Thursday, July 23, 2009

Doing Obsession Right

Obsession is defined as the domination of one's thoughts, feelings by a persistent idea or image. I never really viewed myself as having an obsessive personality but I come pretty close from time to time regarding Marty.

Last night Marty got choked which led to coughing, hacking and wheezing for a while. It's not a phenomenon, it has happened before, it's just part of her wrestling with swallowing issues from the brain damage caused by the strokes. It just is.

My normal behavior when things like this occur is to be afraid and feel really anxious as I'm not entirely sure what to do and I'm not in control the way I like to be. There are too many unknowns, too many variables, it's just initially too much for my delicate little psyche. Then the next step is to get mad and try and find someone to blame, somewhere I can vent this very palpable anxiety. And after about 30 minutes of this I start to obsess.

I have to be doing something proactive, I have to be moving forward combating the latest crisis, be they large or small. Panic is never a part of it, action is always the preferred mode. I want to be giving Marty something, treating her ailment in some way, listening to her breathing or taking blood pressure, but moving to deal with the issue.

Last night was very typical. After I had a chance to go through my normal progression past anger and blaming to action I spent the rest of the night listening, poking, prodding and just generally fussing around Marty. After a while this really starts to get on her nerves. She never has like all of the poking and prodding and fussing. At best she tolerates it because it's easier than listening to me vent.

For the most part my particular psychosis has served us pretty well. It means I pay attention, sometimes to the point of aggravation for Marty and others, but I'm aware of what is going on with her. It means I know when something is different for Marty, and the differences in sounds or behaviors have been the key to catching some illnesses pretty early. Bottom line, it makes me a pretty good caregiver but a lousy golfer. I guess that's what was meant to be.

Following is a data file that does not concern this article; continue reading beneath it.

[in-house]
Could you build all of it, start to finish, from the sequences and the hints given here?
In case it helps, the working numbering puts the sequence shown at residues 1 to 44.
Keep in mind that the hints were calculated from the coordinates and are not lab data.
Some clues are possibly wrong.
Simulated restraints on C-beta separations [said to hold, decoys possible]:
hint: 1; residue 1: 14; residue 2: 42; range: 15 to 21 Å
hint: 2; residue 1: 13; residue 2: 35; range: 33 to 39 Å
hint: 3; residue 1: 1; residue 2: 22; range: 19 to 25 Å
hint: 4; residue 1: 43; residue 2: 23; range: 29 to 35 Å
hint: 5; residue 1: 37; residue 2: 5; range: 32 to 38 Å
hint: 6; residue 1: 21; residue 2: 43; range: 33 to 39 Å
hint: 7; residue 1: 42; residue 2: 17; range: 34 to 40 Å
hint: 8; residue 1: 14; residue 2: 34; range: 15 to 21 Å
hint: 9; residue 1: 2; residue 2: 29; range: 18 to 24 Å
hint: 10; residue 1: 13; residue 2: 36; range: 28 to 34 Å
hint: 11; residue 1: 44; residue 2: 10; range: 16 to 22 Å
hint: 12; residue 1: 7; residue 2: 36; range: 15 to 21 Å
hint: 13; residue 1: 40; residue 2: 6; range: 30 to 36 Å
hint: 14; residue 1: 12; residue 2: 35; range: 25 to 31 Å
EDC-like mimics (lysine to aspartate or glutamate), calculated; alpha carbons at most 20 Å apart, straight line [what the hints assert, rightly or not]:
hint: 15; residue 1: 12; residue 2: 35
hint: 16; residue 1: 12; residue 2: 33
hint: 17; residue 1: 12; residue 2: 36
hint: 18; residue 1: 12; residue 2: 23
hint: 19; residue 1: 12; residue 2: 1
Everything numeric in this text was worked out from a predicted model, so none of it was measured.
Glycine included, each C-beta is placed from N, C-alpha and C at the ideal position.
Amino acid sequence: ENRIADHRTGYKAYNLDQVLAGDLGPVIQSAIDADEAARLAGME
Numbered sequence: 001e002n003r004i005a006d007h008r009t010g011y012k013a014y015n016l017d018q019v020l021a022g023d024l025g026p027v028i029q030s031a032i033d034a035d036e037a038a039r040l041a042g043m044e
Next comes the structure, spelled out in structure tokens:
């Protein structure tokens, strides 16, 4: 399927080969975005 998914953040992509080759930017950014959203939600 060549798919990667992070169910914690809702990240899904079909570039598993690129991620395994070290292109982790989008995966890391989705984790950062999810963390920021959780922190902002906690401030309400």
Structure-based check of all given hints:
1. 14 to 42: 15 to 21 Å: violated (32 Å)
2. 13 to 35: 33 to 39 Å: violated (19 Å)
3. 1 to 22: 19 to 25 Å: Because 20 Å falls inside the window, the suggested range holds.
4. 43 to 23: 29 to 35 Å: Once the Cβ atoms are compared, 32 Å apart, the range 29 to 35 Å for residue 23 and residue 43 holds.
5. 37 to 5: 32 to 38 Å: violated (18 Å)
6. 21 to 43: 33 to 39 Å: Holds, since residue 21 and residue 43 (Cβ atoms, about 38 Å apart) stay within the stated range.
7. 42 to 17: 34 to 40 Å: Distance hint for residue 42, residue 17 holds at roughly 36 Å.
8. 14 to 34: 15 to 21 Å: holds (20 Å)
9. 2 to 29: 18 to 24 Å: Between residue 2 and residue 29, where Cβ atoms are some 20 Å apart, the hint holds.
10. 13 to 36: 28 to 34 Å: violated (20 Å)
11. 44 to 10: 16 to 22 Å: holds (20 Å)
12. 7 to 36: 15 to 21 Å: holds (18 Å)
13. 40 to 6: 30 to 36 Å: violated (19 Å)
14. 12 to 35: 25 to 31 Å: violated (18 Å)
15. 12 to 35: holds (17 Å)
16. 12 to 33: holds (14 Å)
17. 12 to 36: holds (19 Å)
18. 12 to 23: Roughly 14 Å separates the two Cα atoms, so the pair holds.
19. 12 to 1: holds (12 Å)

For the first couple of years of this new normal I kept telling people, including Marty, that my personality just wasn't equipped to handle this new role. I didn't ever feel like I was patient enough, tolerant enough, aware enough, or proactive enough to face the sort of day-to-day issues you run up against with a chronic disease. Really, it really doesn't matter whether the role fit or not. You still have to wear it in anyway your head allows. So I obsess from time-to-time.

Oh -- Marty -- she is sick. White blood count is up, not horribly, but enough to indicate an infection. The great and wise has her on an antibiotic and mostly she feels okay but acts like maybe a sinus infection. We will probably never know for sure. We should know by the weekend just exactly what bug we are fighting this time. And so it goes.

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